February 26, 2013 2:23 am

Former surgeon-general Koop dies at 96

C. Everett Koop, the US surgeon-general during the Reagan and Bush administrations who demonised smoking and took controversial stances on Aids and abortion, died in his home in New Hampshire on Monday. He was 96.

Koop, who was famously bearded and bespectacled, raised the profile of the surgeon-general position, using it as a bully pulpit from 1981 until 1989. He made it his mission to educate Americans on the dangers of smoking and called for warning labels on cigarette packages.

An evangelical Christian, Koop opposed abortion but refused to produce a report requested by the Reagan administration about the procedure’s ill effects on women. He also angered conservatives by promoting condom use and sex education in spite of criticism that he should only be condoning abstinence to prevent the spread of sexually transmitted disease.

“He did not back down from deeply rooted health challenges or powerful interests that stood in the way of needed change. Instead, he fought, he educated, and he transformed lives for the better,” said Dr Wiley Souba, dean of the Geisel School of Medicine at Dartmouth, where Koop founded an institute.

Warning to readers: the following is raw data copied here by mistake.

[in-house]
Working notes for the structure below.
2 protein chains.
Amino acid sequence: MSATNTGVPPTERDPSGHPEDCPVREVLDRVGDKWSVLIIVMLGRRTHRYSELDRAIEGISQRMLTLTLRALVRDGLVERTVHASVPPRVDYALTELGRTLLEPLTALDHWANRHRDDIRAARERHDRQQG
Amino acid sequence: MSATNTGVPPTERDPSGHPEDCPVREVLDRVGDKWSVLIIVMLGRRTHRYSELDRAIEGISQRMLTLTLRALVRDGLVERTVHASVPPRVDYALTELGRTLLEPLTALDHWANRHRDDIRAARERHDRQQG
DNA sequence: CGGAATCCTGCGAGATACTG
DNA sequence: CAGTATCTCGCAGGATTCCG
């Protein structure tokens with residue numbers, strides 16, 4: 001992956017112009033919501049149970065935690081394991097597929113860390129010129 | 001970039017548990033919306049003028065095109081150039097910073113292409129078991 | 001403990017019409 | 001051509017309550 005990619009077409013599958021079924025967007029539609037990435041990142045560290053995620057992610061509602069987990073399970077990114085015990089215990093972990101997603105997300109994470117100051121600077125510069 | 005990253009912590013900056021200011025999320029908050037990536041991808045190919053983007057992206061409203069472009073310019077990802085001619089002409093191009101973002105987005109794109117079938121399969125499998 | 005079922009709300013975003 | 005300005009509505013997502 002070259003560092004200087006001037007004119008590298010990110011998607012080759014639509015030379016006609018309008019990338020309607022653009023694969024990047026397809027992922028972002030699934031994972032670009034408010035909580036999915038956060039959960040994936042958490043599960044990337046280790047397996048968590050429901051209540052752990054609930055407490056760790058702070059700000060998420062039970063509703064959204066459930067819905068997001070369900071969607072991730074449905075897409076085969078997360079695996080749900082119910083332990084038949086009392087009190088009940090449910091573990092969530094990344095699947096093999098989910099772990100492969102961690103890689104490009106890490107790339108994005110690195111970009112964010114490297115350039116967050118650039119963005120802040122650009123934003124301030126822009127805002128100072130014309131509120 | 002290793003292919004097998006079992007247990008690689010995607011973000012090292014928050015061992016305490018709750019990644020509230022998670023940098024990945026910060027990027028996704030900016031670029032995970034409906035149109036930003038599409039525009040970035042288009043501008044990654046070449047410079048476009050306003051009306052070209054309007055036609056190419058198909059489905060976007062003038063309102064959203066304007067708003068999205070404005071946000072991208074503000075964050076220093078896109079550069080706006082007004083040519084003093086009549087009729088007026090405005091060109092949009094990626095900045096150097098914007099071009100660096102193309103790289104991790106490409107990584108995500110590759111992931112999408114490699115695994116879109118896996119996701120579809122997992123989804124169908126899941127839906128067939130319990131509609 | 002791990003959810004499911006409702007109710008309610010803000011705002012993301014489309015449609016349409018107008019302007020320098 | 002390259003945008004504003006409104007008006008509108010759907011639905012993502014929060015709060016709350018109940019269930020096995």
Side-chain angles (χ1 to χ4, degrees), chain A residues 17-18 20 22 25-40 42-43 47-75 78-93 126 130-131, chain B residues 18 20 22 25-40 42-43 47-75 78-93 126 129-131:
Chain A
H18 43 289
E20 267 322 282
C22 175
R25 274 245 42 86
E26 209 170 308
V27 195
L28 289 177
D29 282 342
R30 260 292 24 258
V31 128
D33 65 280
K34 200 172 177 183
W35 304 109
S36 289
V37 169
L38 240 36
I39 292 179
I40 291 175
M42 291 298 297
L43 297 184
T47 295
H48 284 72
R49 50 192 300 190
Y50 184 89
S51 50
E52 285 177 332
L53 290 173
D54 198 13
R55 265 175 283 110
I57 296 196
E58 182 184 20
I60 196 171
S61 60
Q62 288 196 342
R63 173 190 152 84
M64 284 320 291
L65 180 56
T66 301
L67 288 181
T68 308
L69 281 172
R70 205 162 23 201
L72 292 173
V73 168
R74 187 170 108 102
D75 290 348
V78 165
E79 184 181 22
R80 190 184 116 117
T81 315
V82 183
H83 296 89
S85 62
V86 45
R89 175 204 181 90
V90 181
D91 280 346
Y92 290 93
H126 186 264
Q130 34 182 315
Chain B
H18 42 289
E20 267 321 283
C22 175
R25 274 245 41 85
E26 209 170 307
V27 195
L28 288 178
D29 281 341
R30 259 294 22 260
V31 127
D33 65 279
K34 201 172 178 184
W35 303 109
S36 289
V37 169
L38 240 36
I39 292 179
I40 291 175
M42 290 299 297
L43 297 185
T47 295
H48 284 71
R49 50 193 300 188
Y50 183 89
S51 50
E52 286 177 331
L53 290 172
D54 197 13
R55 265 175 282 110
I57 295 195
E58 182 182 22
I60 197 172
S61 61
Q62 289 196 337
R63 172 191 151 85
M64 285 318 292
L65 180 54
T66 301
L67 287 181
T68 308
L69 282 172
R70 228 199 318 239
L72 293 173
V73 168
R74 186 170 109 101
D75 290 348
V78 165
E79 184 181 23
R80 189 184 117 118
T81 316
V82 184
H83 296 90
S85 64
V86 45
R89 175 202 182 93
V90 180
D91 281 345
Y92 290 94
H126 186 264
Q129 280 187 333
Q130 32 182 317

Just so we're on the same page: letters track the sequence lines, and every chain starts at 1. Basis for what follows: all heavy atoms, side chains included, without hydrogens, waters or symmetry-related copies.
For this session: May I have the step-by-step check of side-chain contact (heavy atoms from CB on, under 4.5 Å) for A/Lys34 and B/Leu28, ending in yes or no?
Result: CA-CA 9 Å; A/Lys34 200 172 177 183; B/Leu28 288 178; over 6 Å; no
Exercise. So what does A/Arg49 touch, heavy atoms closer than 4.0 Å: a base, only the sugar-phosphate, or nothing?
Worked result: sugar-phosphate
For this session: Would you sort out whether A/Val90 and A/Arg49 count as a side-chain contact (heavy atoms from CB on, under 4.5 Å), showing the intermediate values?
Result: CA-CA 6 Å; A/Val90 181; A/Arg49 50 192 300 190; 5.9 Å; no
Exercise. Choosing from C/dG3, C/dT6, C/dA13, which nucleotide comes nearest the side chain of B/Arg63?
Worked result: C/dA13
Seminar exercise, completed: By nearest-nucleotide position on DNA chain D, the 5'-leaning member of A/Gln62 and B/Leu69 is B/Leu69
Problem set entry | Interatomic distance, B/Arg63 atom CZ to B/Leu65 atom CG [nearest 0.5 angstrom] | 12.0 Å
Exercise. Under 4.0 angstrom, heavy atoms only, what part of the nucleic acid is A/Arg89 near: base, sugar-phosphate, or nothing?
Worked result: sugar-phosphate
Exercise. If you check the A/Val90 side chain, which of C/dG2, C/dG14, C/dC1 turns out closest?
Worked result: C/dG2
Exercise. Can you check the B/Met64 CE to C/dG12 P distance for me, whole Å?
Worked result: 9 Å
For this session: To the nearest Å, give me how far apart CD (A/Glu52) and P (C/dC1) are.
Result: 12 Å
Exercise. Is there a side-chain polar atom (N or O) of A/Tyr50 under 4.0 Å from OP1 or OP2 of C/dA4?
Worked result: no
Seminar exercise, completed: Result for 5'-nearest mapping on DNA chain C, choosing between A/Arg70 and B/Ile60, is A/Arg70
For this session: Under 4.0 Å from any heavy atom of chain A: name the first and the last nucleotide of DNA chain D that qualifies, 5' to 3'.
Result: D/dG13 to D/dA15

Koop was born in Brooklyn in 1916 and studied zoology at Dartmouth before going on to graduate from Cornell Medical College in 1941. He practised paediatric medicine for many years in Philadelphia, where he became surgeon-in-chief at city’s main children’s hospital.

Koop developed a device that prevented anaesthesia overdoses in children in 1977 and garnered international acclaim when he became the first surgeon to separate Siamese twins joined at the heart. The procedure saved the life of one of the children.

For the tobacco industry, Koop was a constant opponent. In 1988 he released a report claiming that 30 per cent of all cancer deaths were attributable to cigarette smoking and argued that nicotine was as addictive as heroin or cocaine.

“As far as I am concerned, my obligation is to save lives and to alleviate suffering,” Koop said in an interview years after his retirement.

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